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Zendesk, JWT, SSO, Hash Dictionaries

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    Zendesk, JWT, SSO, Hash Dictionaries

    Anyone ever set up a single-sign-on with JSON Web Token (SSO w/ JWT) for Zendesk?

    The API is over my head, despite examples in Ruby on Rails, PHP, Python and more.

    Right now I'm stuck on understanding "you need to send several required user attributes to Zendesk as a hash (hash table, dictionary)." Heck, if I can get through this piece I might find my way.

    Or, if some can help me translate one of the examples into an A5W page.

    More information here for the adventurous:

    Warning: Don't try this at home.

    Re: Zendesk, JWT, SSO, Hash Dictionaries

    I had a look Steve. Have you asked Zendesk for any Javascript implementation examples?

    Looking at their example data it looks like it's just a JSON Object. A Key/Value pair. In searching for information on a 'hash table dictionary' I find that there are (apparently) lots of ways to implement a dictionary and a hash table is just one way. The hash table seems to be an javascript associative array. Have a look here...

    Does this flow make sense...

    Unauthorized user to your Zendesk.
    Zendesk sends them to your site to login. Your a5w page.
    User logs in. If successfull your a5w page builds the hash table (JSON object).
    When the user got to your page a return page was included as a request variable.
    You get that return page,include your hash table info, and send the user back out.


      Re: Zendesk, JWT, SSO, Hash Dictionaries

      The hash table has me stumped David. I think I've constructed the JSON object just fine. But are you saying "hash table" and "JSON object" are the same things?

      Another developer here replied privately, suggesting encryption, and I can't even be sure if encryption is needed.

      I'm going to test my code this evening, which involved setting our account up for the SSO and such, and see what happens.

      Based on that, I'll probably have some questions for Zendesk support which seems quite good but of course my context and theirs differ quite a bit.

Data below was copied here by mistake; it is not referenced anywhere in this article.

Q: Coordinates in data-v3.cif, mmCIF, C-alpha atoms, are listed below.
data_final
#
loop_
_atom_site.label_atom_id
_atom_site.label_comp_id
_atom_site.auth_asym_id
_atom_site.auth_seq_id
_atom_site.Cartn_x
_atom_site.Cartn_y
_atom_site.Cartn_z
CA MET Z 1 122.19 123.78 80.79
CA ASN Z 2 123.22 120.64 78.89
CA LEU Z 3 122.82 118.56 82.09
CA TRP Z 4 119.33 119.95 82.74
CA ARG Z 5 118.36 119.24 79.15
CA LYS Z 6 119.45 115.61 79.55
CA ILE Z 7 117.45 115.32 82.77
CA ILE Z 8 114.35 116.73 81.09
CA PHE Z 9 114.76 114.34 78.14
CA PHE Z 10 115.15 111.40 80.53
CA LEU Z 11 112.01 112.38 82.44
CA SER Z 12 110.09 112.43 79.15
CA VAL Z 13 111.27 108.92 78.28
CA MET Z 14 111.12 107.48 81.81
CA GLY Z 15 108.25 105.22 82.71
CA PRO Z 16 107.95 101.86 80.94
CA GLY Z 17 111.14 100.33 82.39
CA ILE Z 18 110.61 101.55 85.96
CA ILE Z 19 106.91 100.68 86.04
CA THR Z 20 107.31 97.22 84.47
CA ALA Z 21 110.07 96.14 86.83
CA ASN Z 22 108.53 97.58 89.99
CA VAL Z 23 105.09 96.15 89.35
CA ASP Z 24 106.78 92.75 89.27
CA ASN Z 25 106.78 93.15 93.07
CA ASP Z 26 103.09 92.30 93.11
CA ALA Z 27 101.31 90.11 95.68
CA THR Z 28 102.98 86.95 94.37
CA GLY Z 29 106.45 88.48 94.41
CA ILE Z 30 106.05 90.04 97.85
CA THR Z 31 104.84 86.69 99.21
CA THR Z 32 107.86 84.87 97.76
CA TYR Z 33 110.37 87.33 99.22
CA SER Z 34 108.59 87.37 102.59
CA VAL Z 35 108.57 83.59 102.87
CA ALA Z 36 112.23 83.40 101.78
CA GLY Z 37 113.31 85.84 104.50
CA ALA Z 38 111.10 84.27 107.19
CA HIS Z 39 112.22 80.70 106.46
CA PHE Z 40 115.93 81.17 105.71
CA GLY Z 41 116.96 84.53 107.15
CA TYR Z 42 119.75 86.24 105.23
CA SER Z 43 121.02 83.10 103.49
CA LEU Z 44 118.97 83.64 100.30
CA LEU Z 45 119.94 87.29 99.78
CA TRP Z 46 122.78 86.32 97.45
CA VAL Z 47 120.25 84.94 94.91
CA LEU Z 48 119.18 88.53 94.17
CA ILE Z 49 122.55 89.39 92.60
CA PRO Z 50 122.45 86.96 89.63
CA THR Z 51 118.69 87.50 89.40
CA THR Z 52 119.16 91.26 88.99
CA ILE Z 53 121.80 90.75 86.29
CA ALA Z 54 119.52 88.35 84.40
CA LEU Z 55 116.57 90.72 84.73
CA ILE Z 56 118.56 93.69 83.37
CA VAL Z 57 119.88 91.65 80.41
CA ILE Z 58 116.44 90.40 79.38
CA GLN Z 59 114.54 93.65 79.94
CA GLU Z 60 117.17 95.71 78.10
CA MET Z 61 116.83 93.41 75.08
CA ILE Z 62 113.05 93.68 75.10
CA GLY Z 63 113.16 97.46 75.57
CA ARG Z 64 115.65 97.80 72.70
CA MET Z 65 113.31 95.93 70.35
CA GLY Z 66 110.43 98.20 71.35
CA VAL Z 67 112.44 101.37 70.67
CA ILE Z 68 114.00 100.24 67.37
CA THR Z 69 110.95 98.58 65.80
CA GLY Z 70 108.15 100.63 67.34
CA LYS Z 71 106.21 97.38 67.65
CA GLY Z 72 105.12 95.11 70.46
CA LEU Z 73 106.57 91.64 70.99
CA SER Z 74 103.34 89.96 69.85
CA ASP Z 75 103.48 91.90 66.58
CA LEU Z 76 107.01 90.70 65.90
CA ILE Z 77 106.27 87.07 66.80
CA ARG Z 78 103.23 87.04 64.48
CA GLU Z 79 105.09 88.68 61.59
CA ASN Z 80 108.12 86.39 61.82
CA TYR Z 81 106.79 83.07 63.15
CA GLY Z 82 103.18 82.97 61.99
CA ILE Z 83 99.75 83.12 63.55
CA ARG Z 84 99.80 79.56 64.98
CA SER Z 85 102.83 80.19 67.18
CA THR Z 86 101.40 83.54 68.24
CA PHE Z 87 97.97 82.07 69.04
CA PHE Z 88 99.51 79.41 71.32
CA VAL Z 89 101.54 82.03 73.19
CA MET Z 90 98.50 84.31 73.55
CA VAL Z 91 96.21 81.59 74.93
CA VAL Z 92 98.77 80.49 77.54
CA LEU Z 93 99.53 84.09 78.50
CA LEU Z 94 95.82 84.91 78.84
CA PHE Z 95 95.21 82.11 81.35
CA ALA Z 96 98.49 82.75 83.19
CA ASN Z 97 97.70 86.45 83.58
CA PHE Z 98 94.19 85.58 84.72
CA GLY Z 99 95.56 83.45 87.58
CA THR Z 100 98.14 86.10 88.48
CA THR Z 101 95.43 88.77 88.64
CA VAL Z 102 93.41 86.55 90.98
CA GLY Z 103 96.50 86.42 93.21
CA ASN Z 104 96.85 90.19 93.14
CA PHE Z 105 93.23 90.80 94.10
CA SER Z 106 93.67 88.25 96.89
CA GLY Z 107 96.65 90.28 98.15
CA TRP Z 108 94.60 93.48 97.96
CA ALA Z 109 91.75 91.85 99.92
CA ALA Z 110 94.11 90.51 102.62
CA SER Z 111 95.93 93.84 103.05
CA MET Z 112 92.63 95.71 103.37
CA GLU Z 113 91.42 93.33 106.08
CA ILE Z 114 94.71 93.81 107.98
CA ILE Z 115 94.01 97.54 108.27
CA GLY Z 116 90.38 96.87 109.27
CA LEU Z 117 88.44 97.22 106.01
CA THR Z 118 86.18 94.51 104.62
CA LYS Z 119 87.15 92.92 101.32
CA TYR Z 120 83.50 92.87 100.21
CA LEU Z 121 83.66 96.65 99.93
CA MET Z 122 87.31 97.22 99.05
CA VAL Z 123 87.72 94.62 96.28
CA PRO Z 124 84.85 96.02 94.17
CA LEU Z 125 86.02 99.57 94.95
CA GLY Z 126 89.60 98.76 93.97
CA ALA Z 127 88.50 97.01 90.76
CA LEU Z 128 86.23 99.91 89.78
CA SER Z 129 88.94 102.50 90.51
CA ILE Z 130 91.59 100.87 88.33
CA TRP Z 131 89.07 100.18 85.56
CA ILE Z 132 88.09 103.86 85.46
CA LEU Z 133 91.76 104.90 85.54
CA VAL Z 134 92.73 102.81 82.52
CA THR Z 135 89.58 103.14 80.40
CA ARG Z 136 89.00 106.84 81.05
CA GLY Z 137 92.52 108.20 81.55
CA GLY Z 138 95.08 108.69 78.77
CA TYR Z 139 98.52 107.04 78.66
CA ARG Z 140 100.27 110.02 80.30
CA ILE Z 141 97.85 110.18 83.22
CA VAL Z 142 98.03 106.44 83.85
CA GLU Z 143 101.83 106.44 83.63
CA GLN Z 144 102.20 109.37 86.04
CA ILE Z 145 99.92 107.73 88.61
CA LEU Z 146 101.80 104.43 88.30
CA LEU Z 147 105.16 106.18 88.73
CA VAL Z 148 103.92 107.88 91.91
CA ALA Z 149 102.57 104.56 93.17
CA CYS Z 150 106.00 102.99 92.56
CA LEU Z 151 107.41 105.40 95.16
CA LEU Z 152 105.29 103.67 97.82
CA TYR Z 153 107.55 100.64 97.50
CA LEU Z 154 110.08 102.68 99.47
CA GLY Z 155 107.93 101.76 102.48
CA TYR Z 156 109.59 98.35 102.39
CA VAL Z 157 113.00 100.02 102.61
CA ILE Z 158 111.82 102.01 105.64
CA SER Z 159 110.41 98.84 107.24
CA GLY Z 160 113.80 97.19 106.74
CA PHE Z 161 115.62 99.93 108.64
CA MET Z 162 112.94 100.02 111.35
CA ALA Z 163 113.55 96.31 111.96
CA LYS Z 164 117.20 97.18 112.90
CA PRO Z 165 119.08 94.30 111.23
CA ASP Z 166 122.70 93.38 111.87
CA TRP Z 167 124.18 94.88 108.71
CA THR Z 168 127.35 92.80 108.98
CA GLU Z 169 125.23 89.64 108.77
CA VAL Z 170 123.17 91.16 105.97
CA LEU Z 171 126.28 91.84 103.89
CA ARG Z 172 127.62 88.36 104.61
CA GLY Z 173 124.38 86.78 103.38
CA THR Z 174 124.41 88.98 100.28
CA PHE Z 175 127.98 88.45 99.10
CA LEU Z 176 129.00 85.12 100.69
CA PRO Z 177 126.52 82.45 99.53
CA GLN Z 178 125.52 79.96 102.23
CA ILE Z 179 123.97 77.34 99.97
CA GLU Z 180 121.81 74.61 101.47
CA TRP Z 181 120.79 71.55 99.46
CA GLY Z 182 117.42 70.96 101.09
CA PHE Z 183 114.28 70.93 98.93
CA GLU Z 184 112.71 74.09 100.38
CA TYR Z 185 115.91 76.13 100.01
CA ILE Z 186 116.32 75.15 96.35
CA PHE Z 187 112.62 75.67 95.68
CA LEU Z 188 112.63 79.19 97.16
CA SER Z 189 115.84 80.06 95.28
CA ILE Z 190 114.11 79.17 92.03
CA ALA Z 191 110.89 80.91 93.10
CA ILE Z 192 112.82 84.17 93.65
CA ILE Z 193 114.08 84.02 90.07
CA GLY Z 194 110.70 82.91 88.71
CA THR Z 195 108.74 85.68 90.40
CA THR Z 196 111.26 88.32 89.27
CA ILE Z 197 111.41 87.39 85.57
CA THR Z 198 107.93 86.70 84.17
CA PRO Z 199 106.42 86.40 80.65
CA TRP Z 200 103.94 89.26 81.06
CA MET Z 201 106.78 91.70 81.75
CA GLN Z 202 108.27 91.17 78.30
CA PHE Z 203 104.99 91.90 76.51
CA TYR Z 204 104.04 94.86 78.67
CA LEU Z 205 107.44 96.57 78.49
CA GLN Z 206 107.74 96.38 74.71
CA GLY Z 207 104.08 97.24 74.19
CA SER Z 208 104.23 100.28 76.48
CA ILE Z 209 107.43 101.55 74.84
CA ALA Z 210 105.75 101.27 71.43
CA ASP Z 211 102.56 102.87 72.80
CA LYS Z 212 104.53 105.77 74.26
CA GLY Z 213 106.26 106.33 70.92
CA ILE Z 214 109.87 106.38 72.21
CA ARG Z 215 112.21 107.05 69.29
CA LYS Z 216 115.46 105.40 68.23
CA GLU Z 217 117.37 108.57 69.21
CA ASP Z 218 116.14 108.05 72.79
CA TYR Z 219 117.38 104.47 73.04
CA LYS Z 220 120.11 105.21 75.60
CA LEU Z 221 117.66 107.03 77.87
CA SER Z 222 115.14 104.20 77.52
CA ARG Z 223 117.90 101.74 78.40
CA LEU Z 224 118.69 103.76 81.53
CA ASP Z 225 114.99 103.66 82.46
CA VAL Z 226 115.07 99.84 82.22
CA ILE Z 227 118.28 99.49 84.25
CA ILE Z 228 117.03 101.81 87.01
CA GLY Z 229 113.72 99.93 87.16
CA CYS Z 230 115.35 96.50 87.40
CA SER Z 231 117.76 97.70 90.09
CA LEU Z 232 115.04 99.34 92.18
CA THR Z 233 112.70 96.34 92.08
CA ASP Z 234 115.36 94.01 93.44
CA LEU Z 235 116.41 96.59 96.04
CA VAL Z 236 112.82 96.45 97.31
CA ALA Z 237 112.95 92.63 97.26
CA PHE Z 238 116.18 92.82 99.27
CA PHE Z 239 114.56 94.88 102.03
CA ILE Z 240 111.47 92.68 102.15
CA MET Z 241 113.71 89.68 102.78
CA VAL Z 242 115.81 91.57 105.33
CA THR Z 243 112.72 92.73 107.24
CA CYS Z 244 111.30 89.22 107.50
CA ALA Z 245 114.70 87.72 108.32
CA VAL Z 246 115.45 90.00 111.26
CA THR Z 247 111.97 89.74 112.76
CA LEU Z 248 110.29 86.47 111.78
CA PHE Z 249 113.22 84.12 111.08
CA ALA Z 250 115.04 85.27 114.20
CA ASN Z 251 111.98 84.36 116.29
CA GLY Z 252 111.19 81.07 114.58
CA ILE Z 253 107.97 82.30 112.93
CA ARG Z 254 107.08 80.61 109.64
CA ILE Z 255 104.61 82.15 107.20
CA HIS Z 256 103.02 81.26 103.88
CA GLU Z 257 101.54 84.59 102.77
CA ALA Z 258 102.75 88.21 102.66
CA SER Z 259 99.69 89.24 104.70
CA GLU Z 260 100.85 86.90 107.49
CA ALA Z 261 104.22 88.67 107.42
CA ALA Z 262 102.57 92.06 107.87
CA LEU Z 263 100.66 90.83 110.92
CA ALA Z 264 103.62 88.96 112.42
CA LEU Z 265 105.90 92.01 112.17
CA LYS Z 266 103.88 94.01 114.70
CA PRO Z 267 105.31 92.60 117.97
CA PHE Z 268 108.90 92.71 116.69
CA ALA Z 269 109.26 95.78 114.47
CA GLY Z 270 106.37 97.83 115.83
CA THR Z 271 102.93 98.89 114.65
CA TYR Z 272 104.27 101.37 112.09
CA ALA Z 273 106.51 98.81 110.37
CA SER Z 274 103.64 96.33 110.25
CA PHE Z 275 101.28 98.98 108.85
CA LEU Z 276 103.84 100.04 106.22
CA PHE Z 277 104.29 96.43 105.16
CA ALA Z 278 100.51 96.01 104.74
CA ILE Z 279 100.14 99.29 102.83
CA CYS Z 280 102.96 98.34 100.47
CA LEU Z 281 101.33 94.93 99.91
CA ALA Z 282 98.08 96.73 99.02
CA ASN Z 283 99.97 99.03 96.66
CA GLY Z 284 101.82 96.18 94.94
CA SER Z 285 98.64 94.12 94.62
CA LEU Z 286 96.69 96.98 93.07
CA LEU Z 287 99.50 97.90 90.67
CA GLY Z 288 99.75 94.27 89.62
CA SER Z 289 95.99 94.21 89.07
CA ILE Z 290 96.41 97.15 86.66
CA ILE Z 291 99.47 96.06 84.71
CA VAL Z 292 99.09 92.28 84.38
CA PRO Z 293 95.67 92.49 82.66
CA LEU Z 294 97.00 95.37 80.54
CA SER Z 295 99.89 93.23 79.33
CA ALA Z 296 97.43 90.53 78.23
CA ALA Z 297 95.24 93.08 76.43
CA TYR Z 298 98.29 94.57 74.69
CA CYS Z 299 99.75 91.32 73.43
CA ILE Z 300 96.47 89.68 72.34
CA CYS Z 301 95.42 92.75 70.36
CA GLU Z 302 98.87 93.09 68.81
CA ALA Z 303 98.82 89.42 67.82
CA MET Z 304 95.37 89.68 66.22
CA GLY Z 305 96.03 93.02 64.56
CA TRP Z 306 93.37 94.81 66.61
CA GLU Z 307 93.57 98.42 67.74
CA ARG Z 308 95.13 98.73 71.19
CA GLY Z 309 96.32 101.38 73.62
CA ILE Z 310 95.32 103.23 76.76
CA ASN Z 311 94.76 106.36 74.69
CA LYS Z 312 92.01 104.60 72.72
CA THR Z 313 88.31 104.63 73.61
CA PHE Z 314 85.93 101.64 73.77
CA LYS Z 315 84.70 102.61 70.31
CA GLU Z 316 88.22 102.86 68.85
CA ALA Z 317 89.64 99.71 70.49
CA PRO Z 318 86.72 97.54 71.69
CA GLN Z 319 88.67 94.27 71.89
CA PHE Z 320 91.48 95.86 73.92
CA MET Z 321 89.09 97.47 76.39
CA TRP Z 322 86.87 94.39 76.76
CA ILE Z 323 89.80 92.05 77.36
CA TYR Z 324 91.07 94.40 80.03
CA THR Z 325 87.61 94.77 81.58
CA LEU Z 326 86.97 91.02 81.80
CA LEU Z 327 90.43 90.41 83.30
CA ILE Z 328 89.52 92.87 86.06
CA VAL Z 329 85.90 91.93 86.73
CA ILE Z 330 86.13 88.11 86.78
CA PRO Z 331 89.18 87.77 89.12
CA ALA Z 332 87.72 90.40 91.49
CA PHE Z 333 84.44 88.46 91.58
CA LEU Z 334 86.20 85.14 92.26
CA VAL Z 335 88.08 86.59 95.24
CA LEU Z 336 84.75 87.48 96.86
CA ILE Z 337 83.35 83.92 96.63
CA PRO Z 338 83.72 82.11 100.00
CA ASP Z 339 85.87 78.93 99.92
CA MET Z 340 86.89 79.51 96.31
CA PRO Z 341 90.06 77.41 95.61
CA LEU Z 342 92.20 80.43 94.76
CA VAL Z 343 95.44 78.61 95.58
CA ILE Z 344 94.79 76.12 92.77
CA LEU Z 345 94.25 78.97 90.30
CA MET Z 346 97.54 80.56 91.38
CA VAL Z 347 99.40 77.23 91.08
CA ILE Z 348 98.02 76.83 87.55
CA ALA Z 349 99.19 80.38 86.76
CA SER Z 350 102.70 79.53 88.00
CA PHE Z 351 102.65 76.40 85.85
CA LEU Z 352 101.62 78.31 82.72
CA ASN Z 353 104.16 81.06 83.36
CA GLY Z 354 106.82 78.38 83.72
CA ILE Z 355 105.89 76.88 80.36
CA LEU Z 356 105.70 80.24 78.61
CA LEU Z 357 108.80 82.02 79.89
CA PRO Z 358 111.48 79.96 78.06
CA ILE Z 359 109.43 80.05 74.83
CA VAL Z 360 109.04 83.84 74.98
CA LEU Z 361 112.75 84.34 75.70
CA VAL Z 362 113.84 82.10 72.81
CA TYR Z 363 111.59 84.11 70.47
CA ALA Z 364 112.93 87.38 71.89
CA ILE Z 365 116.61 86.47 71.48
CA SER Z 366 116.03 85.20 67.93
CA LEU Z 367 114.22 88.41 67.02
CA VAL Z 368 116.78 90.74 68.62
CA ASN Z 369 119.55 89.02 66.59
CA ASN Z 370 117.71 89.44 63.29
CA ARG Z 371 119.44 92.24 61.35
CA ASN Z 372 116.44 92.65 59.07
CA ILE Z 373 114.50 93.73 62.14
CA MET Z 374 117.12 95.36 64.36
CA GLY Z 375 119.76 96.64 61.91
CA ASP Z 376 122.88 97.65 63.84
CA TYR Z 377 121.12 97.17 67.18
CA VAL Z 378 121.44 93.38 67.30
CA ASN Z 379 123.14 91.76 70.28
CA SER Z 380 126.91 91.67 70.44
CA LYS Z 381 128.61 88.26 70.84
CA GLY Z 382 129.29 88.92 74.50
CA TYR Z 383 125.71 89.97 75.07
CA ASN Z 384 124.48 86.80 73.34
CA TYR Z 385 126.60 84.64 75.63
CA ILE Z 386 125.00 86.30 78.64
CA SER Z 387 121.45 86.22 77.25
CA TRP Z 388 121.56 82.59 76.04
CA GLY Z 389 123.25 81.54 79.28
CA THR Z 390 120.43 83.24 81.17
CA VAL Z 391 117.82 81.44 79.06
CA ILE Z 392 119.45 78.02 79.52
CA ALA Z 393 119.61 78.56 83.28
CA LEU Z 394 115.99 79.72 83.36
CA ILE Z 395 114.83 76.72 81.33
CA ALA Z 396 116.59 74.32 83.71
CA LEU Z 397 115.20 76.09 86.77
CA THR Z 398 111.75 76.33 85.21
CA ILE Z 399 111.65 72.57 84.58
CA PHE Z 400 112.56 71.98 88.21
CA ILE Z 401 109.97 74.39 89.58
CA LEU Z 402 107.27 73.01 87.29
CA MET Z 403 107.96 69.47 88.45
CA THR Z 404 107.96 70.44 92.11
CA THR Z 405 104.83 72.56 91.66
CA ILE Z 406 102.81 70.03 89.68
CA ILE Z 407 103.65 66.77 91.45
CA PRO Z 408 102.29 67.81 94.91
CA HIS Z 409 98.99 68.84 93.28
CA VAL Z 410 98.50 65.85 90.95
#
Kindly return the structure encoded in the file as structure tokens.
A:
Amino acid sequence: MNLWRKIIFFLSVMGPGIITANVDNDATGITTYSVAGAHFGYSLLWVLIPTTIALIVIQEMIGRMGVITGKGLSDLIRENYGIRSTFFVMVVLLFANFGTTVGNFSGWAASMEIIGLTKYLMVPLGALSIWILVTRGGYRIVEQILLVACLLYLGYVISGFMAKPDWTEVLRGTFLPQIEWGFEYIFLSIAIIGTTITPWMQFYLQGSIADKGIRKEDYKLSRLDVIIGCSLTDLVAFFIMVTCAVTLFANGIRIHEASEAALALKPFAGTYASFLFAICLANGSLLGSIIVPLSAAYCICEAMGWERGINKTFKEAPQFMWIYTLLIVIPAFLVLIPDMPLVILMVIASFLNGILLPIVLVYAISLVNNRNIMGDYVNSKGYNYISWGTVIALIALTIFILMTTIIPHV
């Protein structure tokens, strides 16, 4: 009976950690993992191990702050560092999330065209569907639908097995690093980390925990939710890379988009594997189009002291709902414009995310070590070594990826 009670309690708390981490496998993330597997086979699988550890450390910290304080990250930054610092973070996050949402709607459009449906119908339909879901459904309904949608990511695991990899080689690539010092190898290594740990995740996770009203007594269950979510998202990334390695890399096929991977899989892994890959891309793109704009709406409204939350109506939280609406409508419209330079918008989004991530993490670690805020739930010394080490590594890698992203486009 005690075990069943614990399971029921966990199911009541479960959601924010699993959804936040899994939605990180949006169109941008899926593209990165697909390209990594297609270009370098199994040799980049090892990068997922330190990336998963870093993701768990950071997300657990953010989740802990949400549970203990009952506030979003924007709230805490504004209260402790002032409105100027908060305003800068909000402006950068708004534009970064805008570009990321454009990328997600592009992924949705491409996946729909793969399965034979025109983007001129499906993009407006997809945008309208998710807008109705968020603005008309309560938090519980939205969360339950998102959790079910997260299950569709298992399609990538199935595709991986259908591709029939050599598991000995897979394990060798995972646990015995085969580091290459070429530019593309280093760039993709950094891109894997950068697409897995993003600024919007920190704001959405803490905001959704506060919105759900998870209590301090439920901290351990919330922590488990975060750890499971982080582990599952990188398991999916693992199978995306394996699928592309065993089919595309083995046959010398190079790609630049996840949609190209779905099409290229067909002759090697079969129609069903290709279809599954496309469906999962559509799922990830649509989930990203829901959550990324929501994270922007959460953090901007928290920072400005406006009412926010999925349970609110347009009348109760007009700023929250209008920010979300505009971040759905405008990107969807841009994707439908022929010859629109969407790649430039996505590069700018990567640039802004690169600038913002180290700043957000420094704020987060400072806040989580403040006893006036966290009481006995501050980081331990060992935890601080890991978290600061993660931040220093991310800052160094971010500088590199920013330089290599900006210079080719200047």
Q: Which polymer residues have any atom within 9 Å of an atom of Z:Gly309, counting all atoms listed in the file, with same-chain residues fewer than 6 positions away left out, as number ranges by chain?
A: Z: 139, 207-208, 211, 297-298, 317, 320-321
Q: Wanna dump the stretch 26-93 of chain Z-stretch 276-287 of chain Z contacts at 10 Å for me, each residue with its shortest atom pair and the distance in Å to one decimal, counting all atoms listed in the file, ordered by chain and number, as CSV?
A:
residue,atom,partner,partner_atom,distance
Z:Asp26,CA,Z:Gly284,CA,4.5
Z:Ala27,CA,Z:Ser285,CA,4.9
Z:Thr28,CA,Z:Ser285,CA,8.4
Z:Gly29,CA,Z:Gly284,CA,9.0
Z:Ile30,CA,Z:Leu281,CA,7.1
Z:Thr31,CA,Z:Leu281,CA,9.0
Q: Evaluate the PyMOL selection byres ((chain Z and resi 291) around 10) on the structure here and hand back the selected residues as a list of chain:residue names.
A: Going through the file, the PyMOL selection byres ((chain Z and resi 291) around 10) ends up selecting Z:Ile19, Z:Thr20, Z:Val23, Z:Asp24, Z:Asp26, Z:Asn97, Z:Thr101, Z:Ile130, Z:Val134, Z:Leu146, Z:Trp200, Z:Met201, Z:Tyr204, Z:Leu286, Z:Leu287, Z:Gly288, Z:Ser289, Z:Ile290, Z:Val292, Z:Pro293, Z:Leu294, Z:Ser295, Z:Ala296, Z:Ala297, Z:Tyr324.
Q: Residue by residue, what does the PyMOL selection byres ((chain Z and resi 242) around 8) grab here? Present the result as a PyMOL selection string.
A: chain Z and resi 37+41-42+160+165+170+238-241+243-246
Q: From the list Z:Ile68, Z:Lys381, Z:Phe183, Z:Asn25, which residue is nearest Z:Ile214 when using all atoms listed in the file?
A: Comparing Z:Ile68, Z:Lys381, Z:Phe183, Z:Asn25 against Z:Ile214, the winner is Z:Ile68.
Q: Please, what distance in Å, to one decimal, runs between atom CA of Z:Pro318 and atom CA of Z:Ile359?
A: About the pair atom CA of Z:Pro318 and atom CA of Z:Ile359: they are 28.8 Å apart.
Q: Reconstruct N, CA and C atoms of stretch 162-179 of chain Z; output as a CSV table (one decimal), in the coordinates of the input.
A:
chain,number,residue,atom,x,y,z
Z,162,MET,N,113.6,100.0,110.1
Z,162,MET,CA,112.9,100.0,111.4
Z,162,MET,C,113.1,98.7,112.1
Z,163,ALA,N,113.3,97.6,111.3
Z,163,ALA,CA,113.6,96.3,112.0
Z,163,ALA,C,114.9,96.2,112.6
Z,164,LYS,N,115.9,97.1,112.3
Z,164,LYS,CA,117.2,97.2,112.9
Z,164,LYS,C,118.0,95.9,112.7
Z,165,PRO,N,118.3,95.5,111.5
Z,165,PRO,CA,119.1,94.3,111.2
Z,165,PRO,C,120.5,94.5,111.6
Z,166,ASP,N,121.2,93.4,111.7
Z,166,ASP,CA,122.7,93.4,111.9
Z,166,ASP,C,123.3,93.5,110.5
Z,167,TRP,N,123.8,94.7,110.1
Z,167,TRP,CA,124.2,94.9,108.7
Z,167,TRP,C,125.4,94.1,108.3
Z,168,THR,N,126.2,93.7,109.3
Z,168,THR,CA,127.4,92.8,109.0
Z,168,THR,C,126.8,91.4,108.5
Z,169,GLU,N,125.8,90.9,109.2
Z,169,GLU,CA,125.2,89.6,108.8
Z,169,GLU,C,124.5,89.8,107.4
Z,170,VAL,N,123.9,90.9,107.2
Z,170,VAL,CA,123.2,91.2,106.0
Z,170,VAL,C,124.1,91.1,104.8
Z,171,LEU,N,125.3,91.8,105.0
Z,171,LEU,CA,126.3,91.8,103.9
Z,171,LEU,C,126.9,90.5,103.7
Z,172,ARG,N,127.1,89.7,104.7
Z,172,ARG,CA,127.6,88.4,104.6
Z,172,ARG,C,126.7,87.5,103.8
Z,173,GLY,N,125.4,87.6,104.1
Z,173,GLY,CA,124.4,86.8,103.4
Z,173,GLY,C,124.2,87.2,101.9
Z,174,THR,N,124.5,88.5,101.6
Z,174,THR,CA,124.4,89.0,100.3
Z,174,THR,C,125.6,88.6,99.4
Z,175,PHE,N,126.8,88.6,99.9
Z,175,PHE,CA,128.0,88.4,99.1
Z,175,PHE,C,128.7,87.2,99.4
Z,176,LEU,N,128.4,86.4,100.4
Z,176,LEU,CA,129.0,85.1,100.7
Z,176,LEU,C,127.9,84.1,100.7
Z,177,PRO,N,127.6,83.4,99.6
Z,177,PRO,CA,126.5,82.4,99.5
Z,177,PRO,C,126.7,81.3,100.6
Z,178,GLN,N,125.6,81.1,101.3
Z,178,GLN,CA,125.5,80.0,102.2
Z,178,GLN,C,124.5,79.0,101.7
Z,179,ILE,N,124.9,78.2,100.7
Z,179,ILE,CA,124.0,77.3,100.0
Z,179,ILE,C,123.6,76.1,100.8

Re: Zendesk, JWT, SSO, Hash Dictionaries

        The hash table contains the JSON Object. I think the hash table is the encoded and signed JSON Object.

        As for the encryped stuff... Zendesk warns you that it's not so don't put anything sensitive in the string...

        One thing to be aware of is that the JWT payload is merely encoded and signed, not encrypted, so don't put any sensitive data in the hash table. JWT works by serializing the JSON that is being transmitted to a string. It then base 64 encodes that string and then makes an HMAC of the base 64 string which depends on the shared secret. This produces a signature that the recipient side can use to validate the user.
        Is it encoded however.

        This looks like it's one of those things where there's tons of information... and none of it helps... at all.

        Here's a github repo for a javascript implementation of JWT.

        It seems that the hash table is an encoded and hashed JSON object...

        JWT works by simply encoding a string made up of a small JSON object and hashing it using a secret shared between the two parties.
        That's from this site...

        All the examples I've seen seem to be in ruby, php etc... not javascript.

        Generally... you put together a JSON Object containing the data you want to pass. Then you encode it... and sign it... and send it.

        Of course... knowing all this doesn't help one bit. I think you need a Javascript example from Zendesk.


          Re: Zendesk, JWT, SSO, Hash Dictionaries

          Here's something that may be a great resource. Not only a JWT Javascript Library... but also on Online Tool for generating JWTs & JWSs


            Re: Zendesk, JWT, SSO, Hash Dictionaries

            I want to follow up here and publicly thank Jim Coltz for offering up a the correct code, with a bit of feedback from Zendesk tech support. Jim did a great job translating their ASP and C# code examples into Xbasic's and .NET functions. While, like any API, it takes a while to accomplish, looks like we're well on our way to a nice integration here.